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A former sports reporter who’s suing NBA coach Luke Walton for sexual assault detailed her allegations in a press conference this week, claiming she once feared Walton would rape her.
Kelli Tennant claimed in a lawsuit Monday that Walton engaged in a “pattern of mistreatment” toward her, including on one specific occasion where Walton allegedly pinned her to a bed and sexually assaulted her in a hotel room. With her attorneys by her side, Tennant detailed that alleged encounter, as well as others, during a press conference in Los Angeles on Tuesday, NBC Sports reports.
Tennant previously said in her lawsuit that she met Walton at a California hotel on that particular occasion in order to give him a copy of her book, for which he wrote the foreword. But Tennant explained during the press conference how things allegedly took a turn for the physical after he invited her back to his hotel room.
“Out of nowhere, he got on top of me and pinned me down to the bed and held my arms down with all of his weight,” she said, according to the outlet. “He kissed my neck and my face and my chest. As I kept asking him to please stop and get off, he laughed at me.”
She said then that she continued to plead with Walton to stop, as he restricted the use of her arms, the New York Post reports.
“I could feel him rubbing his erection on me, and he continued to laugh at all of my pleas to get off and to stop,” she said. “I thought he was going to rape me.”
Tennant claimed that, later, Walton assaulted her again a second time, grabbing her from behind and kissing her on the neck, according to NBC Sports.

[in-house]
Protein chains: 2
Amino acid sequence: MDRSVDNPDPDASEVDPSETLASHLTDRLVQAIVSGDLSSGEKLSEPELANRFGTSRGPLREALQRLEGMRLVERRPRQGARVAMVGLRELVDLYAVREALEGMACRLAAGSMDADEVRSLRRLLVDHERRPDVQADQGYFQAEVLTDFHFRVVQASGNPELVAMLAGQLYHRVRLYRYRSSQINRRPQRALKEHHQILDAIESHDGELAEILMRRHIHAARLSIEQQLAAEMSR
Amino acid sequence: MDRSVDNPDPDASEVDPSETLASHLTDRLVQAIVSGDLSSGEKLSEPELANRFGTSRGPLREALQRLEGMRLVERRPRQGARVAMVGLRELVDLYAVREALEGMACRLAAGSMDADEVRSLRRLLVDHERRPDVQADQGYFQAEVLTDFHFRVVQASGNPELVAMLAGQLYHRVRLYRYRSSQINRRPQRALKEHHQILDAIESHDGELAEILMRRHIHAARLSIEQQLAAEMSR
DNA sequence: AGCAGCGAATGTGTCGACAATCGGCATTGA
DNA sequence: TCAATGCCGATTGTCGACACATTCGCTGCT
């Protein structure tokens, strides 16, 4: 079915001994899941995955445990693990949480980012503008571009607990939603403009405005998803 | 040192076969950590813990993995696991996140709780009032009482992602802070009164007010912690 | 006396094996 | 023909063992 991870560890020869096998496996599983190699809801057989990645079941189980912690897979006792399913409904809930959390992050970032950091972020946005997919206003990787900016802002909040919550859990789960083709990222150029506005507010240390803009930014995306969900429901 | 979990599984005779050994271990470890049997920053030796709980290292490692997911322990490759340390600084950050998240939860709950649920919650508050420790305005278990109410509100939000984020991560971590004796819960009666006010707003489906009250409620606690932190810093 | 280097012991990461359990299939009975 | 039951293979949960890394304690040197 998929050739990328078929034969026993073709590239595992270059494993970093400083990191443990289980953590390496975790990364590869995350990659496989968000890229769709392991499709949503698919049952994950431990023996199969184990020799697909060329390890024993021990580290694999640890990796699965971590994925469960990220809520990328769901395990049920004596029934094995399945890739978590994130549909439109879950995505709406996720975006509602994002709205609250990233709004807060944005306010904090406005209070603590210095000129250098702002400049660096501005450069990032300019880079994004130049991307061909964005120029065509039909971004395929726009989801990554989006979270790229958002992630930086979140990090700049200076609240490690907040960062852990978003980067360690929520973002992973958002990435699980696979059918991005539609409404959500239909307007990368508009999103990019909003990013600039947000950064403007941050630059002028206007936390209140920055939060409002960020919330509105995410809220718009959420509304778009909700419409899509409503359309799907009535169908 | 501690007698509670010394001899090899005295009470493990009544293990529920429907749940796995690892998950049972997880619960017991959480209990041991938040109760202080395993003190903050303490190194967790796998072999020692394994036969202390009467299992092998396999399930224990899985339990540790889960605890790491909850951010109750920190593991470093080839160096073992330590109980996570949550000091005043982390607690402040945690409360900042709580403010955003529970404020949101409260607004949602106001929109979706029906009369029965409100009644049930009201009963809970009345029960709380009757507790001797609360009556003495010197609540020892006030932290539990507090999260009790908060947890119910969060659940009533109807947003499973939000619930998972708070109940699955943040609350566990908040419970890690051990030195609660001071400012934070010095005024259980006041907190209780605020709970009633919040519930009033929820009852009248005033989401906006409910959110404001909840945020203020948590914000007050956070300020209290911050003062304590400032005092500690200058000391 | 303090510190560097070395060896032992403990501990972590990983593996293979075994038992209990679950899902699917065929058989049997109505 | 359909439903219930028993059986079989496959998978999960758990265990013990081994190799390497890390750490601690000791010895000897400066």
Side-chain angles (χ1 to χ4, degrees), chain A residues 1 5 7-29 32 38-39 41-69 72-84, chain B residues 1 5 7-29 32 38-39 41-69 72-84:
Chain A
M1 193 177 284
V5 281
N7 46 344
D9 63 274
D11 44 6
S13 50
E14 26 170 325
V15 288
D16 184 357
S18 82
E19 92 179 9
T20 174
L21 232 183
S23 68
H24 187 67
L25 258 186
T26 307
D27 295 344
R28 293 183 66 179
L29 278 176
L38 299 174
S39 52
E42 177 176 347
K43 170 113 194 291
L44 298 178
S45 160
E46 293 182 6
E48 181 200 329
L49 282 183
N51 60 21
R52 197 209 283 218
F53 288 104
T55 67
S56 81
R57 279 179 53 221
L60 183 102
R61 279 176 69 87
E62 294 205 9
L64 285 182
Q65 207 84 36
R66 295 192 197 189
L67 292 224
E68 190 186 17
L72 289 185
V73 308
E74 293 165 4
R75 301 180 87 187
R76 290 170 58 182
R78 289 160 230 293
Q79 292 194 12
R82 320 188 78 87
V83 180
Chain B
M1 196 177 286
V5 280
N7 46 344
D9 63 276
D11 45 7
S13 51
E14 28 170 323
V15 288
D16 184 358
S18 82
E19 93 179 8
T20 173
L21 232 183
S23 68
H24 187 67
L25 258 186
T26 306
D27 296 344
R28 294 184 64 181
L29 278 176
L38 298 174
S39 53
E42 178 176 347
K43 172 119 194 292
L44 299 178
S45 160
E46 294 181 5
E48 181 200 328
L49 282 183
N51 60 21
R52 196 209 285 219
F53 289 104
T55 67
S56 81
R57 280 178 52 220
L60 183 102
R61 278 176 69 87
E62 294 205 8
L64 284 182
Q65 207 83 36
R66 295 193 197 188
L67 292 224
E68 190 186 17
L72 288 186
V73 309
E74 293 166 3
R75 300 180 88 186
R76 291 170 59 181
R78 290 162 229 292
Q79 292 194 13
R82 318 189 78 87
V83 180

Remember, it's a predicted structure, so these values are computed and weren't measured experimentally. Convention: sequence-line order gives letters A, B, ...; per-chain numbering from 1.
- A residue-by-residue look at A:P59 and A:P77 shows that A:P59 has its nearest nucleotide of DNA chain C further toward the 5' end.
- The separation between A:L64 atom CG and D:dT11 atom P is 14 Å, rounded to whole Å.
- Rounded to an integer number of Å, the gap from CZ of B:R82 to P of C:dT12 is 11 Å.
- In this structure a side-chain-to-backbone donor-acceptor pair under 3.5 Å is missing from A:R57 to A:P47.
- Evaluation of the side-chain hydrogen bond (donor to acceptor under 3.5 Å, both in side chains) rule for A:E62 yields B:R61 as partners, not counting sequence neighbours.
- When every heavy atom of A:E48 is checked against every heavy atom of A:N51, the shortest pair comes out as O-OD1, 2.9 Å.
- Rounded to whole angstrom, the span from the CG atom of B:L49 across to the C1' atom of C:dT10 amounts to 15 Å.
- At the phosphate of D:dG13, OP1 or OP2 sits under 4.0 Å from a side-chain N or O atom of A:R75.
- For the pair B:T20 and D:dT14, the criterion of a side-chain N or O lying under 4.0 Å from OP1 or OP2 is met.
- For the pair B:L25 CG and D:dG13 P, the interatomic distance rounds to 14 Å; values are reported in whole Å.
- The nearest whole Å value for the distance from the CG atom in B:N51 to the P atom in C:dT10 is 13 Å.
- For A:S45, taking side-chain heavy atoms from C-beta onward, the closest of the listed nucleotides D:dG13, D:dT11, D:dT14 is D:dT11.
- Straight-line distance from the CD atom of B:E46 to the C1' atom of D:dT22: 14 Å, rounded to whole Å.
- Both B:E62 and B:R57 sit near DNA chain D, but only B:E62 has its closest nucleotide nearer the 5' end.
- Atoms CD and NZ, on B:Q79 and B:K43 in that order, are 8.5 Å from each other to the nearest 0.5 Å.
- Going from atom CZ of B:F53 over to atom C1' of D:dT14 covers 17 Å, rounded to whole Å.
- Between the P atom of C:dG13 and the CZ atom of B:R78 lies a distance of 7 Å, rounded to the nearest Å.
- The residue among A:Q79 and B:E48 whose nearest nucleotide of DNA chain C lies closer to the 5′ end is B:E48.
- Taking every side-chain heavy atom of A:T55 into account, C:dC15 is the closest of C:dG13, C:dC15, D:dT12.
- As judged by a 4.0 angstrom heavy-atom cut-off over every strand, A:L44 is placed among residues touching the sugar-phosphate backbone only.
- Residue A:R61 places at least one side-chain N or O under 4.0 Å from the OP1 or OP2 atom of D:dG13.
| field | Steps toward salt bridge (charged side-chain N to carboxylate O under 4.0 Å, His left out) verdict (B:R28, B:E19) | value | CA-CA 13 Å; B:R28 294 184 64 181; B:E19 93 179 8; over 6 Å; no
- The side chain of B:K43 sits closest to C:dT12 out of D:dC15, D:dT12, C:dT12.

She said Walton, now the head coach of the Sacramento Kings, was an assistant coach for the Golden State Warriors at the time of the alleged 2014 incident. After the hotel room encounter, he joined the Lakers in 2016, and Tennant continued to be exposed to him on a regular basis, during which time she alleged he was routinely inappropriate, NBC Sports reports.
“Every interaction with him that I had over that time made me incredibly uncomfortable and feel unsafe,” she said.
She alleged she last interacted with Walton during a charity event in 2017, and said he leered at her and gave her an unwanted hug, as she explained in her suit. She left her job at Spectrum SportsNet shortly afterward.
During Tuesday’s conference, Tennant explained why she did not go to police and did not tell anyone aside from her immediate family and others she trusted.
“I was scared,” Tennant said, according to the Los Angeles Times. “When someone assaults you and you think you’re going to be raped, coming forward is a scary thing. I have spent years now dealing with it, trying to forget about it, hoping that I can push it to the side and hoping that time would heal. And that was not the case.”
“Over this time, I was able to muster up the courage and have conversations with Garo where I felt comfortable talking about this,” she continued, referencing one of her attorneys, Garo Mardirossian.
Mardirossian said that they would consider involving law enforcement, but stated that their interest is “not to have Mr. Walton put in jail or to be investigated by police, necessarily,” according to the Times.
“Our interest was for Kelli to feel better about herself, to come out and talk about what happened to her,” Mardirossian said.
Walton’s attorney Mark Baute did not respond to the Times’ request for comment, but previously denied the allegations on his client’s behalf.
“Luke Walton retained me to defend him against these baseless allegations,” Baute told the Times on Monday. “The accuser is an opportunist, not a victim, and her claim is not credible. We intend to prove this in a courtroom.”
Both the Sacramento Kings and the Golden State Warriors have released statements confirming that they are aware of the situation and are actively looking into it, while the Los Angeles Lakers confirmed in a release that they were unaware of the alleged incident before hiring Walton.
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